This practice runs counter to beliefs of Muslims and other minorities in Sri Lanka, they say
The United Nations human rights experts have urged the government of Sri Lanka to end its policy of forced cremation of those who died from Covid-19.
The policy that has drawn criticism from different quarters runs contrary to the beliefs of Muslims and other minorities in the country, and could foment existing prejudices, intolerance and violence, they said, according to the Office of the High Commissioner for Human Rights (OHCHR) in Geneva on Monday.
The experts are Ahmed Shaheed, special rapporteur on freedom of religion or belief; Fernand de Varennes, special rapporteur on minority issues; Clément Nyaletsossi Voule, special rapporteur on the rights of peaceful assembly and association; and Tlaleng Mofokeng, special rapporteur on the right of everyone to the enjoyment of the highest attainable standard of physical and mental health.
“The imposition of cremation as the only option for handling the bodies confirmed or suspected of Covid-19 amounts to a human rights violation. There has been no established medical or scientific evidence in Sri Lanka or other countries that burial of dead bodies leads to increased risk of spreading communicable diseases such as Covid-19,” says the statement.
As of January 21, 274 Covid-19 related deaths have been reported in Sri Lanka, with a significant number of the deaths belonging to Muslim minorities. All of the bodies were cremated according to the fourth amendment of the Provisional Clinical Practice Guidelines on Covid-19 suspected and confirmed patients issued on March 31, 2020.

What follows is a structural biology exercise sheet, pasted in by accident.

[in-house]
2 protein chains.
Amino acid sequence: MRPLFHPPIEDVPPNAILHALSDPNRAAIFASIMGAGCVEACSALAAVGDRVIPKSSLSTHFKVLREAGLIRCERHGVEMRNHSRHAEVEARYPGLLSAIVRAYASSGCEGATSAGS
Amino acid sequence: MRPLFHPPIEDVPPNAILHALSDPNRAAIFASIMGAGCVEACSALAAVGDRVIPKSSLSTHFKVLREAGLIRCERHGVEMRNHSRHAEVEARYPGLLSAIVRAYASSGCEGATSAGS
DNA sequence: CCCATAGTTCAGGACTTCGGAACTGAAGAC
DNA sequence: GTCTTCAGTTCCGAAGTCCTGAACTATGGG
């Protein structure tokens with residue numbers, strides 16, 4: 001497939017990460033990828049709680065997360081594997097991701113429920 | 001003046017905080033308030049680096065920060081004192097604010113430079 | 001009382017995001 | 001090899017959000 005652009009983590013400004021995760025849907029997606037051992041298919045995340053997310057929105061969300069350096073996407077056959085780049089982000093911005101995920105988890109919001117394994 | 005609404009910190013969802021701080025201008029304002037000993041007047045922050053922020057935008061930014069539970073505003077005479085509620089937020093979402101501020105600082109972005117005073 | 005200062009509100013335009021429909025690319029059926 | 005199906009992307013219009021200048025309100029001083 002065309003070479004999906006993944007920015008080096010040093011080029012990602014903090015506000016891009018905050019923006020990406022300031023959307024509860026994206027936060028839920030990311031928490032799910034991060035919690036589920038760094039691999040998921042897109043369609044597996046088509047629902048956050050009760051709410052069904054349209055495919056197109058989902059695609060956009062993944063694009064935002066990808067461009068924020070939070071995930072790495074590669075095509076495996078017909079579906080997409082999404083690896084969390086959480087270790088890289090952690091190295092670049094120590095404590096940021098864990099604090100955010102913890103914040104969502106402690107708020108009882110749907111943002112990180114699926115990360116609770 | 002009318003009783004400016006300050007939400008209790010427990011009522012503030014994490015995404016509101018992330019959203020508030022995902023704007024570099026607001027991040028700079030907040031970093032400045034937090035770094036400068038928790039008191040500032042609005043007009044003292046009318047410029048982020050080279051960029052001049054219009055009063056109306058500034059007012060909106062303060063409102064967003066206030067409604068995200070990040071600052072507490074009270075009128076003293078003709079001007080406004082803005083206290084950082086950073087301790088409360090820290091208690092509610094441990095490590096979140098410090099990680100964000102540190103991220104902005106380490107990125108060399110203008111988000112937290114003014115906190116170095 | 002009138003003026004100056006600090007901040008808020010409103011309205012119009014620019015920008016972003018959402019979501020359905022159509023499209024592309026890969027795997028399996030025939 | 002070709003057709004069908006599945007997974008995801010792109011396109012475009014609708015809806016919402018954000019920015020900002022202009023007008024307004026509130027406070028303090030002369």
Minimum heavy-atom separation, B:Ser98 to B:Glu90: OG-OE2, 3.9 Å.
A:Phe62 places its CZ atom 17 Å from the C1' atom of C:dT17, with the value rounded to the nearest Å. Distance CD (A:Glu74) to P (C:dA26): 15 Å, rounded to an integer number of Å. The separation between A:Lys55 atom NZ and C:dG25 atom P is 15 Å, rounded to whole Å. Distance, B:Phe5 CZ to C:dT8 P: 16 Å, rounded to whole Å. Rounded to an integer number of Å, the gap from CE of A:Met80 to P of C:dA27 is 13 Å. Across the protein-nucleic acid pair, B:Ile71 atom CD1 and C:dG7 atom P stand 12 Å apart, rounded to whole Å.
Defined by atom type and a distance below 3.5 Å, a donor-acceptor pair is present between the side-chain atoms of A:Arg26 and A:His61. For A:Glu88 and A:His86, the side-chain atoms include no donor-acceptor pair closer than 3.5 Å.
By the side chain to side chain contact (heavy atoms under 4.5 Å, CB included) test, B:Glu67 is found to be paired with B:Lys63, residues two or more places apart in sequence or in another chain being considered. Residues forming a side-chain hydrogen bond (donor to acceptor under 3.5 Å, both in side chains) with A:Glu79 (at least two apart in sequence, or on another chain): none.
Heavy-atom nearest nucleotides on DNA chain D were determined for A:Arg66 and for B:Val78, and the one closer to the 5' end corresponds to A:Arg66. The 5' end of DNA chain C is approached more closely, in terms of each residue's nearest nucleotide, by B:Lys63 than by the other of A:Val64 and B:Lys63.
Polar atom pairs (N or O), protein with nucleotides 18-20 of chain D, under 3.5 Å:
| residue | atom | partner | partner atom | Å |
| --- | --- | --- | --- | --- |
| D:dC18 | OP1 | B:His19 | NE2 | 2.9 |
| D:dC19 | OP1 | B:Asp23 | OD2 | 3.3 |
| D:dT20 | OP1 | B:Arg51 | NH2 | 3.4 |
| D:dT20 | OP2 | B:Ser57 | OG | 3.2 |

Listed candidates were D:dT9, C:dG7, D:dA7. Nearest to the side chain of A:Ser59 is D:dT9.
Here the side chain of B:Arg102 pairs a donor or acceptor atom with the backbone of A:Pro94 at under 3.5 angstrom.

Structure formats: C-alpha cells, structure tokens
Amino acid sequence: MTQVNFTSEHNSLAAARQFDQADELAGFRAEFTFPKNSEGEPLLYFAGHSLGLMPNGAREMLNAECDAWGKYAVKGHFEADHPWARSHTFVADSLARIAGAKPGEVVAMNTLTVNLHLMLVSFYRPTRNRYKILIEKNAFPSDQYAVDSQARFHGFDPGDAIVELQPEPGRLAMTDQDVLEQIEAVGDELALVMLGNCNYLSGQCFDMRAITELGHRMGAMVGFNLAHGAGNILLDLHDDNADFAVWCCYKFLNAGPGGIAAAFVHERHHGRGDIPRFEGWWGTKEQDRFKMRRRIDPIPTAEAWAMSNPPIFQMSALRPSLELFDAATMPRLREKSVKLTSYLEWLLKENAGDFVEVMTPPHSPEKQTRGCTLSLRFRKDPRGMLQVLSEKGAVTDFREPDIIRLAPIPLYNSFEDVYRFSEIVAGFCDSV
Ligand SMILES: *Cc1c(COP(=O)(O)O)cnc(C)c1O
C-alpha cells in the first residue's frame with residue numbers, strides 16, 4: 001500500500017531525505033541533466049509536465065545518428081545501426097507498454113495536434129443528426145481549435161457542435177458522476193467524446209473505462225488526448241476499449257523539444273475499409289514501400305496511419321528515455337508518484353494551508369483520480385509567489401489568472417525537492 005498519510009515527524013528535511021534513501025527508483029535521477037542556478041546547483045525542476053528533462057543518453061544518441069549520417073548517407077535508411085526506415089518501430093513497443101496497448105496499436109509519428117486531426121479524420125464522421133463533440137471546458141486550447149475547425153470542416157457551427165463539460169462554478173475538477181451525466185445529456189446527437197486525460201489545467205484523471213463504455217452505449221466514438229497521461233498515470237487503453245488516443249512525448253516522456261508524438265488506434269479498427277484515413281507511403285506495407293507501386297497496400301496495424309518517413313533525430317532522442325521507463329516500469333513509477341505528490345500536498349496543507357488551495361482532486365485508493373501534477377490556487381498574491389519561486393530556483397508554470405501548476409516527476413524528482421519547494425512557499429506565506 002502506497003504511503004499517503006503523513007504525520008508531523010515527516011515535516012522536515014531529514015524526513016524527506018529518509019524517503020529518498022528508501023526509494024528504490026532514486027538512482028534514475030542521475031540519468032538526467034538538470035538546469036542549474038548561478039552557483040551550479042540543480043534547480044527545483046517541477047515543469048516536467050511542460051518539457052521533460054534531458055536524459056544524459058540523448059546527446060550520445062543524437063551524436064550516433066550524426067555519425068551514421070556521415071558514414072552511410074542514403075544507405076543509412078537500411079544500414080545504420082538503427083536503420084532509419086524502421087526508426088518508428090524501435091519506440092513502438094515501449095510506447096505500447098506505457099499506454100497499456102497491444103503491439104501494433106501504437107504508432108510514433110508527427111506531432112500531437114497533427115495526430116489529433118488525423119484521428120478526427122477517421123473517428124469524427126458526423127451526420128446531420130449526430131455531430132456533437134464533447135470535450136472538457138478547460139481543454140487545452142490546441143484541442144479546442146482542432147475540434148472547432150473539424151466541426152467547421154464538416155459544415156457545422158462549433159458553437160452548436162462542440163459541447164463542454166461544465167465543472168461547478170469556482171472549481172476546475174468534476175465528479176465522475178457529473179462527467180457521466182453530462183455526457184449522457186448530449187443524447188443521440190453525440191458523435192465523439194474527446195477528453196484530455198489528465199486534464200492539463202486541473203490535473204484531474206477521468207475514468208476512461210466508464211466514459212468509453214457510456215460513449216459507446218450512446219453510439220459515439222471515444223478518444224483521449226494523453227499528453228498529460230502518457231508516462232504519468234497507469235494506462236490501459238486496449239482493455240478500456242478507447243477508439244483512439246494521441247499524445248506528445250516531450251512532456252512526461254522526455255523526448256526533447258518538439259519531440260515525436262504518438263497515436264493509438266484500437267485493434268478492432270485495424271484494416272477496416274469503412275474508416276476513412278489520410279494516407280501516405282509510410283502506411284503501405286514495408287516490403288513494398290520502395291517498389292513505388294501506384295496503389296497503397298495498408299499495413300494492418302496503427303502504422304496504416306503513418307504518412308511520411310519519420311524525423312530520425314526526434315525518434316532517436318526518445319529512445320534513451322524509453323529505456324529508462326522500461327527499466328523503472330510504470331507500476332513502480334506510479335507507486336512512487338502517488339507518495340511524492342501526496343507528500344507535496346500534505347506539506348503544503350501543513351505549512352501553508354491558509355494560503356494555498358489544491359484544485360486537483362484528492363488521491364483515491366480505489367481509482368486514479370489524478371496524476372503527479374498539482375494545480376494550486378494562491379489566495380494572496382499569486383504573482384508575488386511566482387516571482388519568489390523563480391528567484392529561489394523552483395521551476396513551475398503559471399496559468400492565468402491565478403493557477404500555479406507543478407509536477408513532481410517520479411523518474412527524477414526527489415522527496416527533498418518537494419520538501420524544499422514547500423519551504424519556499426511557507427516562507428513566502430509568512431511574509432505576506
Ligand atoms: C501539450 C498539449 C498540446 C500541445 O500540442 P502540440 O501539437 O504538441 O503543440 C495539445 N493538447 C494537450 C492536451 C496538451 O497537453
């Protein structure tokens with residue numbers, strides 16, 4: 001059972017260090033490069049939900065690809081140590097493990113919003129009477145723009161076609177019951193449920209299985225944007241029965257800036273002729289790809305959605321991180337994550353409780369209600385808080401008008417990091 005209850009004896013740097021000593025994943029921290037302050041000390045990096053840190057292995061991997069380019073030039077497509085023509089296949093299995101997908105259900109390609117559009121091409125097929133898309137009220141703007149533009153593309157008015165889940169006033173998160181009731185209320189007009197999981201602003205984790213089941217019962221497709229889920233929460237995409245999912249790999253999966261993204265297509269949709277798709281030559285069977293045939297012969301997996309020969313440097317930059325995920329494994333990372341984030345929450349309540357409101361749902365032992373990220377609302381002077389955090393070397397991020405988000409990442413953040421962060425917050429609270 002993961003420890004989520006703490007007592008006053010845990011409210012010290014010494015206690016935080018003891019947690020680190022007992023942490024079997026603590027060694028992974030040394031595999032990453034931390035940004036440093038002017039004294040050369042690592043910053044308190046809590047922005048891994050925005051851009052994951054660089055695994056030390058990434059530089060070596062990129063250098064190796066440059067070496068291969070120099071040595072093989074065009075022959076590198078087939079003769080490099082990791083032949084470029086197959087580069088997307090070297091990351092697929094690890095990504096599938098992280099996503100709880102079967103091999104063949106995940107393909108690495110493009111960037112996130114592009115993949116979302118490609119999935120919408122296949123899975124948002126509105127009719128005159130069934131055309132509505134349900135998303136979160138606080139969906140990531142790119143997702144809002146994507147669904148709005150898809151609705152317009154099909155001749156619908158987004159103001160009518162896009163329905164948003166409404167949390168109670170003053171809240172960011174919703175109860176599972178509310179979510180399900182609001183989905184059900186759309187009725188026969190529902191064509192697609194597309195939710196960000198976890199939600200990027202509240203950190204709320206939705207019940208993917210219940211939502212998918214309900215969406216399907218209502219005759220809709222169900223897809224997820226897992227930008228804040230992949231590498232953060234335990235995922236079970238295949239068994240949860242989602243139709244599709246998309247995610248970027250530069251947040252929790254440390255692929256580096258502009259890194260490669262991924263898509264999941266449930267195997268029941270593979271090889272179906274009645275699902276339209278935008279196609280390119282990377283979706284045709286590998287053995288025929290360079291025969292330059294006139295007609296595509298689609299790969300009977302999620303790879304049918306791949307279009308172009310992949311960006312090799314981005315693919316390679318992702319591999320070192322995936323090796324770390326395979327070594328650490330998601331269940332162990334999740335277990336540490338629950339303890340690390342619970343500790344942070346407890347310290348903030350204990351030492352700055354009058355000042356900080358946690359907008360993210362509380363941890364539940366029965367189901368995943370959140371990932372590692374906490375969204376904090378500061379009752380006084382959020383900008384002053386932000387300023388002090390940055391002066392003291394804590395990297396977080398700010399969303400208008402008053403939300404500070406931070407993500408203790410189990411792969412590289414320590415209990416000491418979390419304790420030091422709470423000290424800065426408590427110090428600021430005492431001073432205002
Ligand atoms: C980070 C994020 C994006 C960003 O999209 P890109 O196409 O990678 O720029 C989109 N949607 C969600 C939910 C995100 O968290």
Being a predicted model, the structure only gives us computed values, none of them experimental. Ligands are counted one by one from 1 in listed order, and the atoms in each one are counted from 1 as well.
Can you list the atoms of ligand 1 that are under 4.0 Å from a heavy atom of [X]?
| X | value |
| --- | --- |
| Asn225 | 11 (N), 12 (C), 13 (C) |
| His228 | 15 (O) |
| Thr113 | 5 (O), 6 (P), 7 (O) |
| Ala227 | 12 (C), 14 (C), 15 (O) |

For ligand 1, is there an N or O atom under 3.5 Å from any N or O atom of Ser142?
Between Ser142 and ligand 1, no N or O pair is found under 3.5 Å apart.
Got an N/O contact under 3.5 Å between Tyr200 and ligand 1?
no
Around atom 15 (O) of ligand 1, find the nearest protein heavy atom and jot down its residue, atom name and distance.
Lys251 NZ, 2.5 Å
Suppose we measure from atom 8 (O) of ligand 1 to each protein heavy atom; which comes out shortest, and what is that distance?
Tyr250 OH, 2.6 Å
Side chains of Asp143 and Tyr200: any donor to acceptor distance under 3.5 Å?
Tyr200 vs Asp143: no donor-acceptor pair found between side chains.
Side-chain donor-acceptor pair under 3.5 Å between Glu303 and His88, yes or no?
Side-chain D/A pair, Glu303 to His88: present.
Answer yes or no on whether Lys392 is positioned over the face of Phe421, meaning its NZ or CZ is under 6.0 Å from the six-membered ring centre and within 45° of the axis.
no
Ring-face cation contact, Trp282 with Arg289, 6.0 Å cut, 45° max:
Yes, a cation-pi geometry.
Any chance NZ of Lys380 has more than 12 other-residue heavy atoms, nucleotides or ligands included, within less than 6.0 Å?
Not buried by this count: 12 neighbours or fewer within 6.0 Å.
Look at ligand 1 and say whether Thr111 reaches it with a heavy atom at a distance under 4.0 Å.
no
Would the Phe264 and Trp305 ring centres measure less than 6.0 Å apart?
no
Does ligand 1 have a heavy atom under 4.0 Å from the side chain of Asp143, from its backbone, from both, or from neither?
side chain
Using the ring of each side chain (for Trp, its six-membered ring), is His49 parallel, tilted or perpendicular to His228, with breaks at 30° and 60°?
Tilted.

The decision to make cremation mandatory followed alleged expert advice, including by the chief epidemiologist who claimed that burials could contaminate ground drinking water. However, the World Health Organization has reiterated there is no evidence to suggest that cremation prevents the spread of the disease, while the College of Community Physicians of Sri Lanka and the Sri Lanka Medical Association issued statements recently clarifying that there has been no proof that burial of Covid-19 dead bodies constitutes a public health hazard.
“While we must be alert to the serious public health challenges posed by the pandemic, Covid-19 measures must respect and protect the dignity of the dead, their cultural and religious traditions, or beliefs, and their families throughout,” the statement read.
“We deplore the implementation of such public health decisions based on discrimination, aggressive nationalism, and ethnocentrism amounting to persecution of Muslims and other minorities in the country,” it added.
“Such hostility against the minorities exacerbates existing prejudices, intercommunal tensions, and religious intolerance, sowing fear and distrust while inciting further hatred and violence."
“We are equally concerned that such a policy deters the poor and the most vulnerable from accessing public healthcare over fears of discrimination,” the statement said, adding that this would further negatively impact the public health measures to contain the pandemic.